Two new cultural analysis tools were on display at the recent GEOINT conference in San Antonio. Both programs rely heavily on maps and geography. Professional geographers and cartographers take note!
ISEBOX (described in a write-up here) or “Integrated Socio-Cultural Environment for Behavior Observation Exploitation” is from the HumanGeo Company.
ISEBOX identifies friendly forces, trends, geo-political activity, and threat indicators to provide operations planners with critical access to data required to perform Intelligence Preparation of the Battlefield (IPB). ISEBOX uses variable precision data encodings of location to facilitate non-obvious pattern detection and predictive analysis in the geospatial domain.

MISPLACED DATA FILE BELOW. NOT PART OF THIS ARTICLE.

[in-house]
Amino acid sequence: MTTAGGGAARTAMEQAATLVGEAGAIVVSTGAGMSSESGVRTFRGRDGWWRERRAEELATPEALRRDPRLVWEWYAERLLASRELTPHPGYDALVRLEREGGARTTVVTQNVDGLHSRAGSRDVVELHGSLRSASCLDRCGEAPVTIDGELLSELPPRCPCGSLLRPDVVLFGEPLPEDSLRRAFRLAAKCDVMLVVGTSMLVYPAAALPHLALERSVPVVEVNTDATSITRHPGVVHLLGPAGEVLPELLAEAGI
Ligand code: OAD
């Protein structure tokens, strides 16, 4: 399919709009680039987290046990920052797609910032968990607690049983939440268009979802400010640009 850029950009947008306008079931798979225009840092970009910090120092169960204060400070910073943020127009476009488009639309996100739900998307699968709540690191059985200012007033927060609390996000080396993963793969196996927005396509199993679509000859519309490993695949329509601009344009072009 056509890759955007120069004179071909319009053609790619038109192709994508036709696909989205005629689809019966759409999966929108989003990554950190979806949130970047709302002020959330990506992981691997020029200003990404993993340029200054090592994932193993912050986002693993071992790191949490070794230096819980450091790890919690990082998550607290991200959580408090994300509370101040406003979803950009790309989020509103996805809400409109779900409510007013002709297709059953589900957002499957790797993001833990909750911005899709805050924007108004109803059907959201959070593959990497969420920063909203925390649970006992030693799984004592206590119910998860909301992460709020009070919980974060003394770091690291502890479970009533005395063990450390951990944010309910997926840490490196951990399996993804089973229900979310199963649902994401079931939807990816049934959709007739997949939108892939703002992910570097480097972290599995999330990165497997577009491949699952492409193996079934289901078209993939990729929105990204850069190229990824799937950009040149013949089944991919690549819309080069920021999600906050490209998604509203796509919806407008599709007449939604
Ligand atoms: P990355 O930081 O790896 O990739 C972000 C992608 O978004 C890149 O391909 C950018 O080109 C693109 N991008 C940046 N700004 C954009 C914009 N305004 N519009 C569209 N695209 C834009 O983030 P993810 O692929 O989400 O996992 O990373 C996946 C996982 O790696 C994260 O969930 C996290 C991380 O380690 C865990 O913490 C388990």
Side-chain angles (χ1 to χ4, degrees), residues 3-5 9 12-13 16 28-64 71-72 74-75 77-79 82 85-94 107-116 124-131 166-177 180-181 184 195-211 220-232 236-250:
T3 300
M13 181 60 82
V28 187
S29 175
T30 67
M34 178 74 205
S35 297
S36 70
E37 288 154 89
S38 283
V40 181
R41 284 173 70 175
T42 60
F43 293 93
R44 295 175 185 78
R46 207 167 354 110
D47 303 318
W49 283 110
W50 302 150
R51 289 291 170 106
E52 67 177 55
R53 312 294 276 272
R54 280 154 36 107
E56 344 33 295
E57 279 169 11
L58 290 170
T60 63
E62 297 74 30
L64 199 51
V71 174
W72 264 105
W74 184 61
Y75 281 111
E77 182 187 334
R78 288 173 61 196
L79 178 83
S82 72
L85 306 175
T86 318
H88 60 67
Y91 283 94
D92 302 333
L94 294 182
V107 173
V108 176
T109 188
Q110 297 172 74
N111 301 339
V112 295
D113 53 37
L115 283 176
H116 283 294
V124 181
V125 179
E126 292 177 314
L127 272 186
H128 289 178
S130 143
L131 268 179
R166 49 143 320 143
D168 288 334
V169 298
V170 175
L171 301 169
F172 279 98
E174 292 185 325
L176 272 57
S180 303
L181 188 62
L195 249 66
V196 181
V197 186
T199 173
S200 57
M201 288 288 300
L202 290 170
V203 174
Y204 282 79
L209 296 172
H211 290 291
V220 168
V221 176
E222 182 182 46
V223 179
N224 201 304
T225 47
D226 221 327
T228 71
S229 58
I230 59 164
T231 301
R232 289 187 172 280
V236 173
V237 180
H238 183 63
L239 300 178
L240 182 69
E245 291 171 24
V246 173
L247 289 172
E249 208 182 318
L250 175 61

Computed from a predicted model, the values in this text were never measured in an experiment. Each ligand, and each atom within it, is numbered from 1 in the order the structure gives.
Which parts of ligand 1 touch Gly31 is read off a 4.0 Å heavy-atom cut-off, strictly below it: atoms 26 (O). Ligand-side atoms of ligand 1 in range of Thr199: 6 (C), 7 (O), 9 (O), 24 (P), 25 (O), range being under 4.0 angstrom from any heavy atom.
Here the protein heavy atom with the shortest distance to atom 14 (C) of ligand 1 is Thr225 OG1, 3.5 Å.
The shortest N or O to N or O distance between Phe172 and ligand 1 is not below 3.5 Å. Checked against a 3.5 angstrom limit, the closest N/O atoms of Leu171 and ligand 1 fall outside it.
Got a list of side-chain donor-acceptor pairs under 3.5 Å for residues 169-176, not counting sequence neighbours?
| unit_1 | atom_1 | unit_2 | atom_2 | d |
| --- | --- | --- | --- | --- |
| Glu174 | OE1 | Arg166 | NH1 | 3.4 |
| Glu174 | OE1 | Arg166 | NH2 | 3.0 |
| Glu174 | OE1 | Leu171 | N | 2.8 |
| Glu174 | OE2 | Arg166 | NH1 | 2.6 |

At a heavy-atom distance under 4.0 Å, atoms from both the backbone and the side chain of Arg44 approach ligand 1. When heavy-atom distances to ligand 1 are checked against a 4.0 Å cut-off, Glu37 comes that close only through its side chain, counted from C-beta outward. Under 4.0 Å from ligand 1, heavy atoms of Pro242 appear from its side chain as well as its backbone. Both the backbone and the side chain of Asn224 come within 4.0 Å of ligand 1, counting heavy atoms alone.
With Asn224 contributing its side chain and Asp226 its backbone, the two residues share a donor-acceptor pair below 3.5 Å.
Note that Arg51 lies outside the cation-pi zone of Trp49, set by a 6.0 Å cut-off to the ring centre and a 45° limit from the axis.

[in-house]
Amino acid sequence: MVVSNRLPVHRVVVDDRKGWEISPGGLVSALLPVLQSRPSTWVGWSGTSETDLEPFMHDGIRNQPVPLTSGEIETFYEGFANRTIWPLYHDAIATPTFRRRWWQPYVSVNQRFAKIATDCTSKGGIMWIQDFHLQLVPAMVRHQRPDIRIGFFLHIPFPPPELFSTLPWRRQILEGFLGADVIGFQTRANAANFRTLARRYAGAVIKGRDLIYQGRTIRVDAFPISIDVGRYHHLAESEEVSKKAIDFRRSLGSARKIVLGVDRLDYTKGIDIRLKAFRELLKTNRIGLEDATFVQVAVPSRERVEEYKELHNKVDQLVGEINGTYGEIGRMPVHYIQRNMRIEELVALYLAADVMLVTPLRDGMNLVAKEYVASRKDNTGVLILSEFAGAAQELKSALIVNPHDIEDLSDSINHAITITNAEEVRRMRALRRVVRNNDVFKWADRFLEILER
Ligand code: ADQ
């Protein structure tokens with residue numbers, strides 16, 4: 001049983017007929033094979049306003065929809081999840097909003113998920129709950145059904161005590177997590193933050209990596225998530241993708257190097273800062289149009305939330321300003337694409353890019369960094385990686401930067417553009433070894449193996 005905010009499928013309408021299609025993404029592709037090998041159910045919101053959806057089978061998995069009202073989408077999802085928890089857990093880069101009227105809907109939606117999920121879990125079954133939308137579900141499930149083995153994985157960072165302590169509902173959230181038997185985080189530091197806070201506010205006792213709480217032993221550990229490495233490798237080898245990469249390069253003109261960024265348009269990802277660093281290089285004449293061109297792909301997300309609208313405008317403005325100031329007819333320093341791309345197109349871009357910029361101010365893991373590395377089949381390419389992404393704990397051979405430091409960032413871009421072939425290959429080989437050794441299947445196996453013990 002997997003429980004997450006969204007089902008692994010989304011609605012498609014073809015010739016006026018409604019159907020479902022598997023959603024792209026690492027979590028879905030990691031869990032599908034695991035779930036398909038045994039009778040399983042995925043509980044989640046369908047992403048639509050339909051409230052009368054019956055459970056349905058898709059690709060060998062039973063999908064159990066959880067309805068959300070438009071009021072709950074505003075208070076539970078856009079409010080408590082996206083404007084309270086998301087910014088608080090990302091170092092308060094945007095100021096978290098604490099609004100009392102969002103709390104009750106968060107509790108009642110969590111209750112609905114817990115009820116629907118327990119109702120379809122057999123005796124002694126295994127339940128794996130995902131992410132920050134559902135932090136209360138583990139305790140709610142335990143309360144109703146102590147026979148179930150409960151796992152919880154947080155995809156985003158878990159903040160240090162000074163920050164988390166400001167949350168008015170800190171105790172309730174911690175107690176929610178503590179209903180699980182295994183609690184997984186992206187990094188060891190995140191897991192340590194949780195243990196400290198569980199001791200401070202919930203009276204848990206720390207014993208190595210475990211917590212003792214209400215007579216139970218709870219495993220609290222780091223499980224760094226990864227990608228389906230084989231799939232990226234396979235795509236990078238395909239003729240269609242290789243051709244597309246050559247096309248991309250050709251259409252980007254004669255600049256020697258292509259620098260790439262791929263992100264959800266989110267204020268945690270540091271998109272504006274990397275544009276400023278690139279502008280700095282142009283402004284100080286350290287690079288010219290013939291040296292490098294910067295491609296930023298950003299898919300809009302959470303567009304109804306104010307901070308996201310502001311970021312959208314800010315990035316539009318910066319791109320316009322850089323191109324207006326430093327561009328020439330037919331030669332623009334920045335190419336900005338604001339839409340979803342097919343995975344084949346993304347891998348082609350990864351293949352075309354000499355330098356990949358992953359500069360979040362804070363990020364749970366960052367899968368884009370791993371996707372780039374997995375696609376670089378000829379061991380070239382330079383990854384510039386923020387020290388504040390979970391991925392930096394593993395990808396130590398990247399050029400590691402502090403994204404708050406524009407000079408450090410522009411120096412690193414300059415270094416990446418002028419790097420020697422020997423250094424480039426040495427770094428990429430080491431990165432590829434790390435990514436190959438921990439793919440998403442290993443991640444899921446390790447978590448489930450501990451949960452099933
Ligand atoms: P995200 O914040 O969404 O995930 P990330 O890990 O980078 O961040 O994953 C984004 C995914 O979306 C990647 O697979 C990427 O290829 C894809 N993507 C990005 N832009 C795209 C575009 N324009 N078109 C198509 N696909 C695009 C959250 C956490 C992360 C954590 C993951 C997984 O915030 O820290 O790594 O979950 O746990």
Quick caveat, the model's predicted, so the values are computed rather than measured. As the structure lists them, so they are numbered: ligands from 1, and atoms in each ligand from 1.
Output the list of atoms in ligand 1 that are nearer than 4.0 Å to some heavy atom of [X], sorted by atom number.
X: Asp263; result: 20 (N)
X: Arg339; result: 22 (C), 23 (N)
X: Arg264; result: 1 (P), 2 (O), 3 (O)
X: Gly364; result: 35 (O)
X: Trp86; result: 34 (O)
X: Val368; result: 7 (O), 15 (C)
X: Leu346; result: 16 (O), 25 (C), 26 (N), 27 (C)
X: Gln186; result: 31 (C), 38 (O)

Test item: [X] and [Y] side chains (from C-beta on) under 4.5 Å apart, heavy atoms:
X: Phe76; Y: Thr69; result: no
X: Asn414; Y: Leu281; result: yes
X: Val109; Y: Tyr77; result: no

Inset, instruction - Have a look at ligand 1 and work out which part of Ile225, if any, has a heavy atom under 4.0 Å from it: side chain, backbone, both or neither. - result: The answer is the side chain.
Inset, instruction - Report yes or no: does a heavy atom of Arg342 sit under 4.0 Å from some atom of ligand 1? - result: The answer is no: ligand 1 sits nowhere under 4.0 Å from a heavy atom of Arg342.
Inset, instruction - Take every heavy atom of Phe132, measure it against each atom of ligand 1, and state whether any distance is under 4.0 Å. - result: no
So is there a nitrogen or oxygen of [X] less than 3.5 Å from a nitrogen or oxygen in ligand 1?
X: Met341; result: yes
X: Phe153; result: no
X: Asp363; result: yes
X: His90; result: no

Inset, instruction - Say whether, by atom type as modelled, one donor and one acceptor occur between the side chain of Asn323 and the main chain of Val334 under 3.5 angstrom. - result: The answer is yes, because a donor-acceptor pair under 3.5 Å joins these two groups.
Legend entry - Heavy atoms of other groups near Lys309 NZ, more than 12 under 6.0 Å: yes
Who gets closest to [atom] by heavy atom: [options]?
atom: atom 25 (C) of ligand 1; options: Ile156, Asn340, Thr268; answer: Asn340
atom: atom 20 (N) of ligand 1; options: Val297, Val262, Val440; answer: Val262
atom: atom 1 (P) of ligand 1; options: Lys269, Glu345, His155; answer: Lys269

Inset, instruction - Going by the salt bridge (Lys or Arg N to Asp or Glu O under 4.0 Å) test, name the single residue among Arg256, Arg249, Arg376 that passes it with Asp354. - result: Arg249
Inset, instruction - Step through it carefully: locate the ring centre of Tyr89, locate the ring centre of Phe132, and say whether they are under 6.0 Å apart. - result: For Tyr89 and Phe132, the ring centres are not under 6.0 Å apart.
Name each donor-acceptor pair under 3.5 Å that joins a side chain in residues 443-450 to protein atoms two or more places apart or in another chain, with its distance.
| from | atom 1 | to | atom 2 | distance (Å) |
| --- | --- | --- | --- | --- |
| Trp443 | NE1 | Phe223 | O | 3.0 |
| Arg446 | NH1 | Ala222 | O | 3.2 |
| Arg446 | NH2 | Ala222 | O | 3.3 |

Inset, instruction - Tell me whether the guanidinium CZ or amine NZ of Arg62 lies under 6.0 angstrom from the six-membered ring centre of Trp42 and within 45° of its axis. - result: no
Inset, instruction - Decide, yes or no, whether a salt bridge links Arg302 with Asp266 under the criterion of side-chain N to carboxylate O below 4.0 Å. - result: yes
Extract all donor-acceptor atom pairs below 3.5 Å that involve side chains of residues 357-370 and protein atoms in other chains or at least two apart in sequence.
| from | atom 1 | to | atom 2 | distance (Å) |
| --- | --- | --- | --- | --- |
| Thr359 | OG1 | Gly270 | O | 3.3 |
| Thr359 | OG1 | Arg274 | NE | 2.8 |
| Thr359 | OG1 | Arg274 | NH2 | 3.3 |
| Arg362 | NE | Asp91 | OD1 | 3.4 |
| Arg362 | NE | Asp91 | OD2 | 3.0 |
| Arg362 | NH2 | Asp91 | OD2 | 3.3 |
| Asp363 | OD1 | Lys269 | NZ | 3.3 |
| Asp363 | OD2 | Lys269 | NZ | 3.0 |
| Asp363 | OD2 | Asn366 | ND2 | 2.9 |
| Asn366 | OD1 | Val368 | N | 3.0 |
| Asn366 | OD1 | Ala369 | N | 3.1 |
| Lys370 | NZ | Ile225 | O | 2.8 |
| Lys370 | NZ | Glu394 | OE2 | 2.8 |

Despite the promotional lingo, there’s some interesting ideas here. Basically they appear to be very aware that using predefined units of spatial analysis is weaker than letting the data define the area of concern. Or, cartographically: avoid choropleth maps and embrace continuously varying surfaces (known to anthropologists as “clines”). They explicitly cite the well-known (to geographers modifiable areal unit problem (MAUP). Or use dasymetric and combo vector and raster data of varying resolution. Be nice to get a test run on this, should it ever be made available outside the IC.
AnthroMapper, from GeoEye, was also on display at GEOINT 2011 (for some reason I can’t find any online information about it yet. It might be part of their acquisition of Spadac? Eg see their Signature Analyst software which looks similar to what I saw. This is just a guess though). AnthroMapper, according to the GeoEye rep is supposed to go beyond just being another GIS giving the “tribal overlay” but at this time I have few details.